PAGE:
Top Down Procurement

Imagine you have a unique business offering that needs IT delivery and support. There are two approaches you can take to do this:

Bottom Up:

  1. Determine your business requirements.
  2. Choose an application which you think best fits those requirements.
  3. Spend a lot of money customizing the application to better fit your requirements and integrating it to other systems.
  4. Deploy the application.
  5. Hope you support the business adequately within time and budget.

Top Down:

  1. Map out the business processes to support your offering.
  2. Determine the services required to support the business processes.
  3. For services that already exist – do nothing.
  4. For new services – build or buy applications to support those services.
  5. Implement the processes.
  6. Hope….(ditto).

Often “bottom up” is the default approach, even though “top down” can be more cost-effective and provide a closer fit to your business requirements. However “top down” comes with some risk, because most off-the-shelf applications are built to support “bottom up” acquisition. You might end up having to do integration anyway.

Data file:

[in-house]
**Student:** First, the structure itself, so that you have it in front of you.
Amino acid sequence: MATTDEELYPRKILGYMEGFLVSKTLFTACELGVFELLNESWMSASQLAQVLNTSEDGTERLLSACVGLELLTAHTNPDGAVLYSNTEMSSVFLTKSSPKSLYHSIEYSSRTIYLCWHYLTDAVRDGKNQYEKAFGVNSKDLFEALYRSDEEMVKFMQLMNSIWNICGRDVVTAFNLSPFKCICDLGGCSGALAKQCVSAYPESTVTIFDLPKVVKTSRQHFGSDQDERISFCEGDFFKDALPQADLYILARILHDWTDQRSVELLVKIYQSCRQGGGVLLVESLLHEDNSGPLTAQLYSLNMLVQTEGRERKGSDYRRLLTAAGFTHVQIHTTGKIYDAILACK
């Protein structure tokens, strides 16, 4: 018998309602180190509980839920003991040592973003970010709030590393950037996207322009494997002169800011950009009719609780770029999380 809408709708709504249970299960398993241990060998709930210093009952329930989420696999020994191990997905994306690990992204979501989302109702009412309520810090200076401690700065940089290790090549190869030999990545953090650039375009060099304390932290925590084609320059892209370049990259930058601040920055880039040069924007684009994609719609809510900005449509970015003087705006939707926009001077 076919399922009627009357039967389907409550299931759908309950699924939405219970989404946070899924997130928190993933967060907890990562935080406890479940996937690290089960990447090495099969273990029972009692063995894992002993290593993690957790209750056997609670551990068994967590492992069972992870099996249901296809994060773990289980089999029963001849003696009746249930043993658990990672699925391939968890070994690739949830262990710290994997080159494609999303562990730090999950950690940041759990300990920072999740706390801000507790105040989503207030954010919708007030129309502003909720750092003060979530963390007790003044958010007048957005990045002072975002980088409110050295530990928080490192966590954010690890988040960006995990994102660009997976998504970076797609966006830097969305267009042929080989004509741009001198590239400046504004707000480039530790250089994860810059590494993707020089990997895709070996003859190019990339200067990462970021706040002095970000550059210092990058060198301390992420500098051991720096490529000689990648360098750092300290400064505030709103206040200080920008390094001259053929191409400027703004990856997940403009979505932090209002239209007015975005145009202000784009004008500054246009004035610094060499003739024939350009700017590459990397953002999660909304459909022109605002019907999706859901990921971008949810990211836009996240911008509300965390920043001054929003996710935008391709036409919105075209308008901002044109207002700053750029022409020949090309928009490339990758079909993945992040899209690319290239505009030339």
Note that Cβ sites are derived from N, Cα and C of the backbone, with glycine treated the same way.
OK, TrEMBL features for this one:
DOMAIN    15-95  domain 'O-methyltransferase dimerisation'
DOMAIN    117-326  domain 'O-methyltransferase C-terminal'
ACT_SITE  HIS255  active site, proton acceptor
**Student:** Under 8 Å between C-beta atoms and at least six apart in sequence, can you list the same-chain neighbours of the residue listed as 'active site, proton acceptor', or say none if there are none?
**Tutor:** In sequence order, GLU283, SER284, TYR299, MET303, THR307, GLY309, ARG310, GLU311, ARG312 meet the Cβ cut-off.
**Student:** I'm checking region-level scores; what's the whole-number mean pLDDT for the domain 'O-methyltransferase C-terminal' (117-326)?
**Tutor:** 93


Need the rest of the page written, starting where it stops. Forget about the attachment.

As the world moves toward service portfolio management rather than application portfolio management, vendors move towards offering services rather than applications and the “top down” approach will become more widespread and more viable. That will be a good thing, I think.


#1 John Menzies on 05.27.10 at 10:41 pm

Nice, Short

The biggest problem I see with this is that a lot of businesses don’t understand what they already have. As a business gets larger the problem becomes bigger and it gets remarkably hard to change to a “top down” approach. My gut feel, it would take an innovative and driven person to turn a large company around in this way

#2 Saul on 05.28.10 at 7:35 am

Well that’s what enterprise architecture is really all about. It’s relatively easy (often tedious) to understand what is already there (as is), and to understand where you need to go to (to be). The part you get paid the big bucks for is the transformation and that usually involves cultural change.

Interesting you mention “big company” – I suspect there is an optimal size for such transformation to be successful.

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